In the first year, fellows from South Africa, Zimbabwe, Nepal, Brazil, Jamaica and the United States launched a conversation about the human economy with other academics and members of the general public, while writing up their existing research and developing new projects in the Southern African region. Three of these fellows stayed on for a second year, while three were employed as university lecturers, two of them at UP. In 2012 six new fellows and eight doctoral students were recruited. The first group came from North America and Europe (including France, Germany, Netherlands and Spain, all of them with established research interests in Southern Africa), while the second was entirely African (coming from South Africa, Lesotho, Zimbabwe, Cameroon and Nigeria). Each PhD candidate will be based in a specialist department while their research is coordinated with the rest of the human economy programme. We have also made a link with EMES, the European research network on solidarity economy and social enterprise to facilitate exchanges in both directions. This will all make for an interesting North-South dialogue, with the emphasis on the global South and Southern Africa in particular.
We take very seriously the premise that the search for a more human economy must begin by analysing what people actually do – how they do or do not insert themselves into an economy that is organised by impersonal models which all too often fail to notice, or give any weight to, people’s everyday attempts to secure their own sustenance and improvement. We argue that detailed social investigation of relevant topics would help to situate people’s behaviour within a fuller and more complex framework of understanding, thereby questioning many of the assumptions made in economic models.
Much recent academic analysis has been content just to criticise the negative effects of neoliberal globalisation on the countries and peoples of the South. This often feeds a negative outlook – such as ‘Afro-pessimism’ – which would have us believe that the South is doomed to remain the poor and passive victim of an unequal world society. The Human Economy project is inspired by a belief that these conditions are not inevitable and that we can best impress this conviction on public consciousness by revealing a world beyond the blinkered vision of free market or command economies, where the economic activities of ordinary people are given their due.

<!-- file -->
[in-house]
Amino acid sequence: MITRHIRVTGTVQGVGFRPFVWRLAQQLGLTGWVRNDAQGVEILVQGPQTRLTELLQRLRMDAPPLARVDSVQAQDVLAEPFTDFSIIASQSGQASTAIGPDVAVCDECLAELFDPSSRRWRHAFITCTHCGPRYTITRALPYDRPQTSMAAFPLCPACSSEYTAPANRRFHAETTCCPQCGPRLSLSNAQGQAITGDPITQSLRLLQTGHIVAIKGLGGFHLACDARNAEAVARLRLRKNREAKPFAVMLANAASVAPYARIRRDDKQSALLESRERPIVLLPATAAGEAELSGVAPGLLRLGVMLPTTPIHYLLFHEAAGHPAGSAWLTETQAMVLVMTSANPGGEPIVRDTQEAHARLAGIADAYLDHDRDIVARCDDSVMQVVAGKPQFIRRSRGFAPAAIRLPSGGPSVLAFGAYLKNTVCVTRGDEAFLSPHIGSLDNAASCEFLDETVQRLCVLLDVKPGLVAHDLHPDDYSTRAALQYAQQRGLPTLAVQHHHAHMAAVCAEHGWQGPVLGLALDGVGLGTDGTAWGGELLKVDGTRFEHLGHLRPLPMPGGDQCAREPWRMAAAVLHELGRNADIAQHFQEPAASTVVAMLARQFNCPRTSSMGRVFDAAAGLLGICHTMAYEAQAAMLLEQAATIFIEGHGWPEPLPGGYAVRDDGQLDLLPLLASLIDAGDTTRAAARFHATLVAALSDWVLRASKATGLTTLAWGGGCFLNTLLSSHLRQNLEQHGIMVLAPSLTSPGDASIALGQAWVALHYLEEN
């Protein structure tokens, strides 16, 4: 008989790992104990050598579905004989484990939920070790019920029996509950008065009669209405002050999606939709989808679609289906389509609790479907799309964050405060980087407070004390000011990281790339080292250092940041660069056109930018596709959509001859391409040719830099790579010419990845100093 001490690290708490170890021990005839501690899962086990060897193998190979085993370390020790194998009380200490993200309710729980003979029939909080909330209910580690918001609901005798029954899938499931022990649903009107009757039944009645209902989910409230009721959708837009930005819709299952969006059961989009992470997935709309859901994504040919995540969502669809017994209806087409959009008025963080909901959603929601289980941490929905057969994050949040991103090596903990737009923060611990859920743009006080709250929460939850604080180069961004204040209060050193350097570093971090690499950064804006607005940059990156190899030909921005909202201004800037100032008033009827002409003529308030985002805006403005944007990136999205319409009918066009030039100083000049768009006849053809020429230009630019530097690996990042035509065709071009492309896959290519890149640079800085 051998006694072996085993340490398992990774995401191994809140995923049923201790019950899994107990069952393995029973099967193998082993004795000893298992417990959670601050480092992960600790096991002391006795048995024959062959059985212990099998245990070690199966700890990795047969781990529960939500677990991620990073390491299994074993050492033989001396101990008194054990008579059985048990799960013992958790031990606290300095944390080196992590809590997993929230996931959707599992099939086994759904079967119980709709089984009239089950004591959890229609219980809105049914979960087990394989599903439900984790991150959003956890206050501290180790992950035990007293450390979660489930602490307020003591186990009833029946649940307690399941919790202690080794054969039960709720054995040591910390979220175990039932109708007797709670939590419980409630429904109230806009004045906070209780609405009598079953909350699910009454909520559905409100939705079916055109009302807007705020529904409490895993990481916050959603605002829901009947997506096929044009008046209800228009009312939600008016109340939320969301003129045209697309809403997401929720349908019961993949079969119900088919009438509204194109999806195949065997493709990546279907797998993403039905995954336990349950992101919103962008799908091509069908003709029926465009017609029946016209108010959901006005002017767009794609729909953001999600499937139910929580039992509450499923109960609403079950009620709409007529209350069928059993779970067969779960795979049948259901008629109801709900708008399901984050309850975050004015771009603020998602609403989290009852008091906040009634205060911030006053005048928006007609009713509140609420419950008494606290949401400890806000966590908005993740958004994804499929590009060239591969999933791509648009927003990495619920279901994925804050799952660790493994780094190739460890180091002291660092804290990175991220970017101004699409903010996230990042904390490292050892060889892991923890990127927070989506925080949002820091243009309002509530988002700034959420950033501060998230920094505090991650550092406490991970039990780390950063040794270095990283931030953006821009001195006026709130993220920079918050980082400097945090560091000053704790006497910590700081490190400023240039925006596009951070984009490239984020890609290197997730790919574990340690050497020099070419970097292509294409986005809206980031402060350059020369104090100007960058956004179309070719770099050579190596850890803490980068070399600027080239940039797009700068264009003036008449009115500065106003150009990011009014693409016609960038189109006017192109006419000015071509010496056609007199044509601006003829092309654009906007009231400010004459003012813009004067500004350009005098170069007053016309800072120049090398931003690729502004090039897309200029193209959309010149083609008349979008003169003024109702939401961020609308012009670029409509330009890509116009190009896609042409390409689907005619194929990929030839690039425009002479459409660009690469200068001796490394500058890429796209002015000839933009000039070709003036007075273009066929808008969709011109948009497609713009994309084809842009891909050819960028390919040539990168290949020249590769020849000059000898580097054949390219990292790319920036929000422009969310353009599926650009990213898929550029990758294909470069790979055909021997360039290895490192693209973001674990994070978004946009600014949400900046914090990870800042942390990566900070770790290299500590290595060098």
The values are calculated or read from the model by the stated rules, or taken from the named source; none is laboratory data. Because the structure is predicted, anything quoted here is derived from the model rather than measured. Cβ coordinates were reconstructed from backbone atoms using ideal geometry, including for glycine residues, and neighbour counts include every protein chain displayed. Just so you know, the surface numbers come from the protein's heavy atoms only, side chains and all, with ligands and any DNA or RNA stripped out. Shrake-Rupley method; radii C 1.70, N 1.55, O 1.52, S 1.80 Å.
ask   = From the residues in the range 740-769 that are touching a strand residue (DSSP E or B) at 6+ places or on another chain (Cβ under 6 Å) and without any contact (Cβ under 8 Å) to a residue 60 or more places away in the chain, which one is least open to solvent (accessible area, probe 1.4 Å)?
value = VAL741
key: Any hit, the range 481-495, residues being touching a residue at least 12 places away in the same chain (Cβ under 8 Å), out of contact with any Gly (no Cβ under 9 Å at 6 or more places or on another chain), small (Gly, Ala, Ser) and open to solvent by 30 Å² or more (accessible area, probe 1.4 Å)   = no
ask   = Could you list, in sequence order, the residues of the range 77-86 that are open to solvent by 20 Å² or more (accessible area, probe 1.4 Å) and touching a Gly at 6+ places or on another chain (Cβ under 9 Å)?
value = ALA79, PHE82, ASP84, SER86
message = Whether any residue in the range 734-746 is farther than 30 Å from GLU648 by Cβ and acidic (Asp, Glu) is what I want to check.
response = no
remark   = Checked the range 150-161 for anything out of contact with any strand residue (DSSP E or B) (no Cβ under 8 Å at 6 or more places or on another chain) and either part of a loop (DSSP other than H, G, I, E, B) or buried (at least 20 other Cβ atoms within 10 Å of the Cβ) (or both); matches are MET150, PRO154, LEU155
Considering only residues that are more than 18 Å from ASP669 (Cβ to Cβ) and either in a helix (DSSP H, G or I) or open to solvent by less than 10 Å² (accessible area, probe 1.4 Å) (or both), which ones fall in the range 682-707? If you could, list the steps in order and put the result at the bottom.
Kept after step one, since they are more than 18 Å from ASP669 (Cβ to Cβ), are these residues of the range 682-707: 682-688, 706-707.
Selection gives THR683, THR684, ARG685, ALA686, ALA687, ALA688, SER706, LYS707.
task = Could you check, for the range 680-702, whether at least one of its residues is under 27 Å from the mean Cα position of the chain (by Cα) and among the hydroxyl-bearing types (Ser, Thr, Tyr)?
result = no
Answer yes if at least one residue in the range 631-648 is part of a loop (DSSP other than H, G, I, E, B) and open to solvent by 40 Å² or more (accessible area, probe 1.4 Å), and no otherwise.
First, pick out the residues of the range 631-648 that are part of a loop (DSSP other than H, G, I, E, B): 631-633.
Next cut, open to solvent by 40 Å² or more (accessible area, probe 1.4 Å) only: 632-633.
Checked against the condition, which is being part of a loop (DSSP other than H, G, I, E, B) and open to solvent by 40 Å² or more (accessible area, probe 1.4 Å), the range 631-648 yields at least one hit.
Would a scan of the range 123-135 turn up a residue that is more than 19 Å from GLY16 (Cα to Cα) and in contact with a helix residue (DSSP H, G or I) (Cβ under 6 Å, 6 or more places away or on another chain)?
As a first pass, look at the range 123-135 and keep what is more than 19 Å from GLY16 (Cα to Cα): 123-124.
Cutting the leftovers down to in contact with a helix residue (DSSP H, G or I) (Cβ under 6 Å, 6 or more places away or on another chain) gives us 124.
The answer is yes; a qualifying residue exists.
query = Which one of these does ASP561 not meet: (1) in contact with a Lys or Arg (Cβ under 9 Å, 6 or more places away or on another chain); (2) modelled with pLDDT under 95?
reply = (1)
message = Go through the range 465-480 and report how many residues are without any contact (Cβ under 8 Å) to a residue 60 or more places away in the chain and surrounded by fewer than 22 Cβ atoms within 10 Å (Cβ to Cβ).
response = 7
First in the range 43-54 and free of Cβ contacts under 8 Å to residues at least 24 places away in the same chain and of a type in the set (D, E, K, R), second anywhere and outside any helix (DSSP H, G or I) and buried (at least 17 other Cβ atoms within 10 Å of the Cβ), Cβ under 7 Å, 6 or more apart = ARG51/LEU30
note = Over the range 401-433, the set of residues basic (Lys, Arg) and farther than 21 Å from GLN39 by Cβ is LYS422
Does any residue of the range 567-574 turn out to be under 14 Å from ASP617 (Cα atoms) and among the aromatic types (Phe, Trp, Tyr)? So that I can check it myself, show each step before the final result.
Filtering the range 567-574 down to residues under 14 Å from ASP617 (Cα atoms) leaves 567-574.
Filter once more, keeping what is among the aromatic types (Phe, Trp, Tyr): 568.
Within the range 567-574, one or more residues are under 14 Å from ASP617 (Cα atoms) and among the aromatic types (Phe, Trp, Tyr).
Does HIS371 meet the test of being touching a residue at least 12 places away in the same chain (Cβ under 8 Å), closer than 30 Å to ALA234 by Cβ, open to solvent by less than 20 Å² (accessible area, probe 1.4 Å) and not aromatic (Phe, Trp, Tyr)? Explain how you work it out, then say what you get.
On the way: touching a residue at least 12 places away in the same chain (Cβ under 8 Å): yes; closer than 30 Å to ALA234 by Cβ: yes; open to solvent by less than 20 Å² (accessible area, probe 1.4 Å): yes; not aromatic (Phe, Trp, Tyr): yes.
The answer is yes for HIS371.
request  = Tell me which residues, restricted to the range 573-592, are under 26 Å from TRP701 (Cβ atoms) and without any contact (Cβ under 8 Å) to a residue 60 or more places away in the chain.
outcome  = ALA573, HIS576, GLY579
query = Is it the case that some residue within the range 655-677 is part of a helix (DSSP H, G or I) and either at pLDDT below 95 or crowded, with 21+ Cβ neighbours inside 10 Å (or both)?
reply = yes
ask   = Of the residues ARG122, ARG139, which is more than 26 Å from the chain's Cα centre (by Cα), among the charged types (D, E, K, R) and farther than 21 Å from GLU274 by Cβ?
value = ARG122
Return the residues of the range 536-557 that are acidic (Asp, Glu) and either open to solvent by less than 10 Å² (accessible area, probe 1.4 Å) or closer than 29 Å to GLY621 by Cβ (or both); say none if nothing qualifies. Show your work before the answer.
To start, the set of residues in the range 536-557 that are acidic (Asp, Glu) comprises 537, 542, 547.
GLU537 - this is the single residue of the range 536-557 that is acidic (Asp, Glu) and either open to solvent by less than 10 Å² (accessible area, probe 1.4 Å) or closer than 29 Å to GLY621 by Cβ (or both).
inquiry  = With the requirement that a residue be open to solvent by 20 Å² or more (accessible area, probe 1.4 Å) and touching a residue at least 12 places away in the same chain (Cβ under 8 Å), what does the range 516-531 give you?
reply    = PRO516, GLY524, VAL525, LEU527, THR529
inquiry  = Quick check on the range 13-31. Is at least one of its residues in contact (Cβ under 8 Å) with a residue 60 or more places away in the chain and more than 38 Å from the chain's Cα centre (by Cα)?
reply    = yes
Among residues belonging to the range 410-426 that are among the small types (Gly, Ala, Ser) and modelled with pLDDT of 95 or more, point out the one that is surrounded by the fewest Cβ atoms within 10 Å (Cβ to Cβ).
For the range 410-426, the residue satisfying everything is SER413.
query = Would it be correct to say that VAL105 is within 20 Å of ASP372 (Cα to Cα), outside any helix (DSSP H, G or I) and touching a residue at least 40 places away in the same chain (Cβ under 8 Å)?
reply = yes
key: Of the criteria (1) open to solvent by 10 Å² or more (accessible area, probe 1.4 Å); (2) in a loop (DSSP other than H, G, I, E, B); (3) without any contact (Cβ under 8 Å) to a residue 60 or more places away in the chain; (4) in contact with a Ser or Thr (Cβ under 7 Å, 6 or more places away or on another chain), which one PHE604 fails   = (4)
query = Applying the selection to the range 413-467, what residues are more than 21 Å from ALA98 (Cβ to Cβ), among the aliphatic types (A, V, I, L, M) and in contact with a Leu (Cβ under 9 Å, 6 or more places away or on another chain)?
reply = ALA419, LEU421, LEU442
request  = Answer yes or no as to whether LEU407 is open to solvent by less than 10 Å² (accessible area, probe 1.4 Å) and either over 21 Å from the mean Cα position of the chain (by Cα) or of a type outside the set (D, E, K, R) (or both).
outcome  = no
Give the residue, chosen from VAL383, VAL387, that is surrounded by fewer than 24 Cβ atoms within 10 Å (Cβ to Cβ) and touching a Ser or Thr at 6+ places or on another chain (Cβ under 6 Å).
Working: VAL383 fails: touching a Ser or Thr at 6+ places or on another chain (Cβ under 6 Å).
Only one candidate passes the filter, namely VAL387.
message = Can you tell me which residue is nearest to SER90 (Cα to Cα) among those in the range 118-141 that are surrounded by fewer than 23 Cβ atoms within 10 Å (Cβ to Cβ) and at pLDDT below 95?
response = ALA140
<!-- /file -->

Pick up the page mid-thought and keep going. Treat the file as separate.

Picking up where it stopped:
Fellows were selected on the basis of individual prowess, but also because the co-directors considered that their topics of research posed interesting and challenging questions about the current state of the global economy, particularly as this involves countries in the South, and had direct bearing on the Human Economy theme.
A new series of publications, called The Human Economy and edited by Keith Hart and John Sharp, will soon be launched with Berghahn Books of Oxford and New York. The first volume of essays, People, Money and Power in the Economic Crisis: Perspectives from the Global South, is currently in preparation. It consists of essays by members of the first year cohort of the Human Economy Group and will come out in early 2013. Its particular strength lies in providing ethnographic and historical material to complement the theoretical arguments developed so far. The editors will invite submissions of texts from outside our group, but we also expect to produce such a collection every year.
Watch this space for more information about the research projects currently underway.